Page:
Culver City Observer -

Rainwater Capture Plan Sounds Mighty Good

 

October 22, 2015



By Neil Rubenstein

Observer Columnist

As reported in the Los Angeles Times, The Department of Water and Power is considering an enormous rainwater capture plan that could possibly yield between 100,000 and 200,000 acres of water by 2035. One acre-foot is equal to about 326,000 gallons – enough for two households for a year.

Students at Cal State Long Beach will get a chance to further explore criminology and forensics work, thanks to a new partnership with the Long Beach Police Department. Officials expect the new partnership to result in grant funding for various research projects. First up will be an evaluation of the effectiveness of body worn cameras. The project includes joining a national study coordinated through the Urban Institute, per the Long Beach Press-Telegram.

Recently an investigation by USA Today identified at least 70,000 untested sexual assault kits across more than 1,000 law enforcement agencies. From records obtained, some police agencies send as few as two in ten kits to crime labs for testing while others send every kit.

Los Angeles County District Attorney Jackie Lacey announced recently the creation of a conviction review unit that will investigate claims by inmates who say they are innocent. The D.A. will assign three deputy district attorneys, one senior investigator and one paralegal to the unit. People can send claims of innocence to District Attorney’s Conviction Review Unit, Attn: AHD Ken Lynch, 320 West Temple Street, Los Angeles, CA 90012.

The office of California Secretary of State Alex Padilla announced an update that tracks political money contributions by geography, amounts and time periods going back to 2001. It also allows a quick determination of totals in specific elections. A demonstration included the records of all contributions from Realtors in one case and from Microsoft employees in another. Can it now be possible to link developers’ contributions to city council votes? The search engine is available at http://www.sos.ca.gov per the Los Angeles Times. Just click on “Power Search Contributions.”

Have you read an article from the Idaho Statesman regarding the Oberleithner family and the app they created in Boise regarding diagnosing autism? The family started Behavior Imaging to allow videotaping so a diagnosis can be done very early and treatment can begin quickly.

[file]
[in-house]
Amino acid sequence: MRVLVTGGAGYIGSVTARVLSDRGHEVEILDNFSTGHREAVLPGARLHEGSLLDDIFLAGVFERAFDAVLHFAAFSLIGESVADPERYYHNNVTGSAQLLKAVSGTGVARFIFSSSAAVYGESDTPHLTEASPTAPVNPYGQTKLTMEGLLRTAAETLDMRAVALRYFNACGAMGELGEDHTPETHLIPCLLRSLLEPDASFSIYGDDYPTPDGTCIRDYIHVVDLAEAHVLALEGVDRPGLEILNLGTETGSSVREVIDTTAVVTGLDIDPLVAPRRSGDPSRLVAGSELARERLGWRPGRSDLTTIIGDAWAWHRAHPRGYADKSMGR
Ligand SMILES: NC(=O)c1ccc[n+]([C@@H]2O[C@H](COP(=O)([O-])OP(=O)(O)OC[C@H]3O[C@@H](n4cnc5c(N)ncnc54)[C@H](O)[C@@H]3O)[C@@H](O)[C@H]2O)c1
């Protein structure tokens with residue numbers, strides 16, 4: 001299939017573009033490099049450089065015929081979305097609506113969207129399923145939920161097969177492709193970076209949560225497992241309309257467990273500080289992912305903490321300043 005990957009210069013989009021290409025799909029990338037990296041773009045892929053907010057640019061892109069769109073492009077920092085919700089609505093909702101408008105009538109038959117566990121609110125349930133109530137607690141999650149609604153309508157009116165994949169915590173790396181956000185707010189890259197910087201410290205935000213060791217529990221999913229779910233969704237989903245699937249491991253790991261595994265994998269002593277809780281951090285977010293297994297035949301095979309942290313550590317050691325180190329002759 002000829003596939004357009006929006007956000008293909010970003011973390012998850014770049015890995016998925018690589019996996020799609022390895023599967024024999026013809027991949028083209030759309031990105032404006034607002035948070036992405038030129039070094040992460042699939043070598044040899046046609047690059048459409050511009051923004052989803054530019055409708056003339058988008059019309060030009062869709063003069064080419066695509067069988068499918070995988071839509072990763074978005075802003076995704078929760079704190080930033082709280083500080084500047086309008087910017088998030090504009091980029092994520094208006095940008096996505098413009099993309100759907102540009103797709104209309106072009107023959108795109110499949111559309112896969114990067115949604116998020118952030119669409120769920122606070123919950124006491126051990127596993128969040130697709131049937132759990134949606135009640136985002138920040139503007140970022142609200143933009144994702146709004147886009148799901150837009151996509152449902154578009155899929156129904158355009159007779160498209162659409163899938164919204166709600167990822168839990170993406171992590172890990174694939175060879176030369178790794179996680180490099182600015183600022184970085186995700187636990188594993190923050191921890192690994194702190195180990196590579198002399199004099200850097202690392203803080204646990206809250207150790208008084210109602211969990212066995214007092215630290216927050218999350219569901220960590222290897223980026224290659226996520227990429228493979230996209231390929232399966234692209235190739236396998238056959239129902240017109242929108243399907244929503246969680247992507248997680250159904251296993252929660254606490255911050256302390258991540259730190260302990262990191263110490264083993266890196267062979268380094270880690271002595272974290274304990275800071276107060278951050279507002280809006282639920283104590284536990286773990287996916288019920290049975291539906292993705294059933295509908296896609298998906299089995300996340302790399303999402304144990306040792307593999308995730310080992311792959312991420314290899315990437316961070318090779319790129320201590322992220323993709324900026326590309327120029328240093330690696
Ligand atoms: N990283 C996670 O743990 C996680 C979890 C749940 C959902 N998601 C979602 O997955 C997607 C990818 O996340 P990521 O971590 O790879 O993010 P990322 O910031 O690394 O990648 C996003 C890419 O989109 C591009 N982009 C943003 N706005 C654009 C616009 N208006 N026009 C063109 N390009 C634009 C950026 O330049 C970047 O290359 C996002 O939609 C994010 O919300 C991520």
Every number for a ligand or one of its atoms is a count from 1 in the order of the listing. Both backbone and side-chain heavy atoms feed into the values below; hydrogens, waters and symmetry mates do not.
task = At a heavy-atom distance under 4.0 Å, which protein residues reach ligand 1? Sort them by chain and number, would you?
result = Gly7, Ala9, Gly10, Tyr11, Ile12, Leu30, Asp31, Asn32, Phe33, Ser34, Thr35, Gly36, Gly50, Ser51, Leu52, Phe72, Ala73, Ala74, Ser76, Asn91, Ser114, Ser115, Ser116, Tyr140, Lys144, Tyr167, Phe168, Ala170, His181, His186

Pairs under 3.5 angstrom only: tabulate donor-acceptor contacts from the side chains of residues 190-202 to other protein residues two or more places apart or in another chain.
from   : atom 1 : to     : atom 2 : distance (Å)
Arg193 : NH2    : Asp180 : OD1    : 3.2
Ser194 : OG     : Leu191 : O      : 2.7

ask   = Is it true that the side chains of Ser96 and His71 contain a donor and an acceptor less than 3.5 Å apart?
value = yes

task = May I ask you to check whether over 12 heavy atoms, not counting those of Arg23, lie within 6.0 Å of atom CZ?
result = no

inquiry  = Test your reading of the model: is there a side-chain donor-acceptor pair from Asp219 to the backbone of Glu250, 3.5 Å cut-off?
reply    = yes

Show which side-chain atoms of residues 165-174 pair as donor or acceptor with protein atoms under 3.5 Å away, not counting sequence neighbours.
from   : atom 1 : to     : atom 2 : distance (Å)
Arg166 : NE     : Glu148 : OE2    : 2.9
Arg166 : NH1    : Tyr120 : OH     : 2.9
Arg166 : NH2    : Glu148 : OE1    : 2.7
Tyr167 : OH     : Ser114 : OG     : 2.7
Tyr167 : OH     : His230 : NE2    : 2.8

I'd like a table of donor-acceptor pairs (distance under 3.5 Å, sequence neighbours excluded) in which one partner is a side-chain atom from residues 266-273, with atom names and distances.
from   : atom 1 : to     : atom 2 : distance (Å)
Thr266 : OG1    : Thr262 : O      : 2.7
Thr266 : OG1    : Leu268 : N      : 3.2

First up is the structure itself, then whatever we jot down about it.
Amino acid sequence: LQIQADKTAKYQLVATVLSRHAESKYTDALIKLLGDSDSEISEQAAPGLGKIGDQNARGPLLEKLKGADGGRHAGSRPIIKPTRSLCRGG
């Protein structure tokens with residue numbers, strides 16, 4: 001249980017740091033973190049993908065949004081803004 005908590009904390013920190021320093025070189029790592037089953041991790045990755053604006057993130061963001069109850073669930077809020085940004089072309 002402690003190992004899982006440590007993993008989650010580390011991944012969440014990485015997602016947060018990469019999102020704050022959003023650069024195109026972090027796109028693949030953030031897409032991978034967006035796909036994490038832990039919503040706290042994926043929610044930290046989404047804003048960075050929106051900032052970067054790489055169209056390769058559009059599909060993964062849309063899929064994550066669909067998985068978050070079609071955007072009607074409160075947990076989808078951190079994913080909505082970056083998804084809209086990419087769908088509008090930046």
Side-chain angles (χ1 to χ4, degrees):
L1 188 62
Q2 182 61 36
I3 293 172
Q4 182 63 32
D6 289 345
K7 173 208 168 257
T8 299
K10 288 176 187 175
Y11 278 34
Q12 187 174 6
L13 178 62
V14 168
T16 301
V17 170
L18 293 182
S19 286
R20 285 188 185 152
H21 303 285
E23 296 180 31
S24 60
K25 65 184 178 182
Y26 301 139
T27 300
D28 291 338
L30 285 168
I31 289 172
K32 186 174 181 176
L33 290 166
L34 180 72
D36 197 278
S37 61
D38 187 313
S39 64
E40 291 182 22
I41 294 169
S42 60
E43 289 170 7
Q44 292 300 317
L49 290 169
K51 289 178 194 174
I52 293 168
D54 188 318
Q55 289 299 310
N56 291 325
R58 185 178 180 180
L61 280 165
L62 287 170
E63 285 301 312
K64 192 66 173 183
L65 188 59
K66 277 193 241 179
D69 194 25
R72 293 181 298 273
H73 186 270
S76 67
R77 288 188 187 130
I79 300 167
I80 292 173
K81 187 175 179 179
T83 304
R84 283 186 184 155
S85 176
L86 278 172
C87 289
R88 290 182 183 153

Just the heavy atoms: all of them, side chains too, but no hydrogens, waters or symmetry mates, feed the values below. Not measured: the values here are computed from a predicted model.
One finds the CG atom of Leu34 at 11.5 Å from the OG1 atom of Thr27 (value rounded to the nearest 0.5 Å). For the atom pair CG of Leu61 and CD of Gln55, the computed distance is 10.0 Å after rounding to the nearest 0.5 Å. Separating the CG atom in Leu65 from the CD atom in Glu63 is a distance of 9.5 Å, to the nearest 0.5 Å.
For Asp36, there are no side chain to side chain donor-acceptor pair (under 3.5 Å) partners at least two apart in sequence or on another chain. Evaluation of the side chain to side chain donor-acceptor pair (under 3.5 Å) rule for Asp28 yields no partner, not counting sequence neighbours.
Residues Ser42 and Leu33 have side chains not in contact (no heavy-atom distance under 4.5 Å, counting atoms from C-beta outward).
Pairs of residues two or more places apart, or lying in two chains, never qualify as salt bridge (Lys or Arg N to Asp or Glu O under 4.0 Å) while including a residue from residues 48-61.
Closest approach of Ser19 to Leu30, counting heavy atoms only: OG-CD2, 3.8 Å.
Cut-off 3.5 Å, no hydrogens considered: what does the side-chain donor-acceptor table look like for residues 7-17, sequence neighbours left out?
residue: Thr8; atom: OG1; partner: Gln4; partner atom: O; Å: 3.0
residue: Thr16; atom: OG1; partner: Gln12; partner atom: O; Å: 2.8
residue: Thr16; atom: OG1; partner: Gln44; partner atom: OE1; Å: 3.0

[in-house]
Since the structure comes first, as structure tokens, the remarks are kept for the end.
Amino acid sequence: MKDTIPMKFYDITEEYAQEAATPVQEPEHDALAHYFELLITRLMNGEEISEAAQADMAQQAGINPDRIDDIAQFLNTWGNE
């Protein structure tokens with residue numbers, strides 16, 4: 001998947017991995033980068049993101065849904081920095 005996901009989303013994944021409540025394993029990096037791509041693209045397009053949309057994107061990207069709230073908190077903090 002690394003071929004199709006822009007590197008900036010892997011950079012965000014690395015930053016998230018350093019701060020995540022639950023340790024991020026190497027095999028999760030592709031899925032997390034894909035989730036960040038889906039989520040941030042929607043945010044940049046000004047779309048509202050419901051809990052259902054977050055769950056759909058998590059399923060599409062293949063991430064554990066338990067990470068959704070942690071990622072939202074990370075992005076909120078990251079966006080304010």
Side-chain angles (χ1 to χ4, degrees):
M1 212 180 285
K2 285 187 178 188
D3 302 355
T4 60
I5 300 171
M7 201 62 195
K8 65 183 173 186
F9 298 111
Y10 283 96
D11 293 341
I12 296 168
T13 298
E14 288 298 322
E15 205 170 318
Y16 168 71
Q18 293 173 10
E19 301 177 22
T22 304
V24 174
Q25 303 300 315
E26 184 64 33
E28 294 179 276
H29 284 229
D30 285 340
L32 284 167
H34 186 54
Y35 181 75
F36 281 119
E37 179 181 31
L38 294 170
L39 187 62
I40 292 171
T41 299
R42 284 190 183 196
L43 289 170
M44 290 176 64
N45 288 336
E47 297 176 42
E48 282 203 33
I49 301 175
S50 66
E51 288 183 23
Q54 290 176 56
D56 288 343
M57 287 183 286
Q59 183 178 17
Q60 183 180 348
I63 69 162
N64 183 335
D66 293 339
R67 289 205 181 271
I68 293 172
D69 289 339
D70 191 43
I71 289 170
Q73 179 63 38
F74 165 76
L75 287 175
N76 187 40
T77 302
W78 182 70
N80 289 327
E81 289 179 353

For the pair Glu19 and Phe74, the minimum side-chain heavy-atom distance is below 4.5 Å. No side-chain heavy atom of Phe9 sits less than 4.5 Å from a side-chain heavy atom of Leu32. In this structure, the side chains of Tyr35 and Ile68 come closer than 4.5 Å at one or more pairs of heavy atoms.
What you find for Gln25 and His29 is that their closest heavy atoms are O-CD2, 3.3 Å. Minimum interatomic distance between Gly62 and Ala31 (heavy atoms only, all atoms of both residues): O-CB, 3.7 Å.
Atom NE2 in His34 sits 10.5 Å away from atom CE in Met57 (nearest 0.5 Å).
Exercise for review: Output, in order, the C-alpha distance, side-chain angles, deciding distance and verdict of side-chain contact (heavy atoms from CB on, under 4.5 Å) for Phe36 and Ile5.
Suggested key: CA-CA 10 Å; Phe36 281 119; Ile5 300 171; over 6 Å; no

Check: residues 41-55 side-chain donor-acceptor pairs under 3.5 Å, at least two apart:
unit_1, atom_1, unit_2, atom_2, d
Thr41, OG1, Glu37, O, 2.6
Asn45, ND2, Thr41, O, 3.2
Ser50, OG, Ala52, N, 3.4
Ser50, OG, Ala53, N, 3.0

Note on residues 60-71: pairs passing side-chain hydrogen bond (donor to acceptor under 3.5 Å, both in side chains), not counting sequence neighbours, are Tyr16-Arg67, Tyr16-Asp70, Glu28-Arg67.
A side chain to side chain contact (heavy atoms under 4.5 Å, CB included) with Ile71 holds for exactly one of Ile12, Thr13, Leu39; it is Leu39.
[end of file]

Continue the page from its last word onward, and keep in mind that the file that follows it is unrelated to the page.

Over 50 federal and state investigators effectively shut down the Palm Springs City Hall on September 1 in order to serve search warrants as part of a public corruption inquiry. Additional agents were at an apartment that Mayor Steve Pougnet listed as his home address on county voter registration records. Pougnet lives part of the year with his husband and two children in Colorado.

I’m super glad the National Black Theatre Festival will be held in Los Angeles in 2016.

Every month Children’s’ Hospital Los Angeles needs to collect 1,000 units of blood products to meet the needs of its patients. Please see http://www.chla.org or call (323) 361-2441.

On Aug. 24 Congresswoman Maxine Waters had a congressional district meeting to discuss getting loans from the Small Business Administration. The meeting was held in the Inglewood City Hall Community Room with over 80 small and medium-sized businesses from Los Angeles and the South Bay attending.

Last year analysis by the Wall Street Journal showed that African American borrowers received less than two percent of the $23 billion in total SBA loans, down from eight percent in 2008. When approved, higher rates on bank financing were customary, sometimes as much as 30 percent higher over their white counterparts. Maxine Waters works very hard helping her constituents.

Earlier this year the Washington Post published an expose stating that over a 20- year period prior to 2000 the Justice Department and the FBI formally acknowledged that nearly every examiner in the FBI laboratory’s microscopic hair comparison unit gave flawed testimony in almost all trials in which they offered evidence against criminal defendants. In a review of 200 convictions, 32 were sentenced to death; of those, 14 have been executed or died in prison. Twenty-six of the 28 examiners overstated forensics matches in ways that favored prosecutors in more than 95 percent of the 268 trials reviewed so far.

The Prostate Cancer Foundation provided funding for a group of researchers to read the genetic composition of advanced prostate cancer tumors. Up until now reading the genetic information in tumors has been difficult and relied on the microscopic analysis of tumor cells by a specialist. The work was reported in the May 21 issue of “Cell,” and the technology now exists to read tumor genetics in an entirely new way that can tell doctors whom to treat and how they should be treated.

Overtime for California’s state workers rose 20 percent last year and topped $1 billion, even though there are 20,000 fewer employees than in 2008. According to the state controller’s payroll data as reviewed by the Associated Press, California spent $1.13 billion in 2014 in overtime pay for its 200,000 workers. Overall payroll went up seven percent from $15.3 billion to 16.4 billion since 2013.

Georgia has become one of the top spots in the country to shoot movies, due mostly to how much cheaper it is for producers. The peach state is now ranked third, only behind California and New York.

For those who missed an article, all my commentaries can be found at http://www.culvercityobserver.com by placing Rubenstein in the website’s search box.

 

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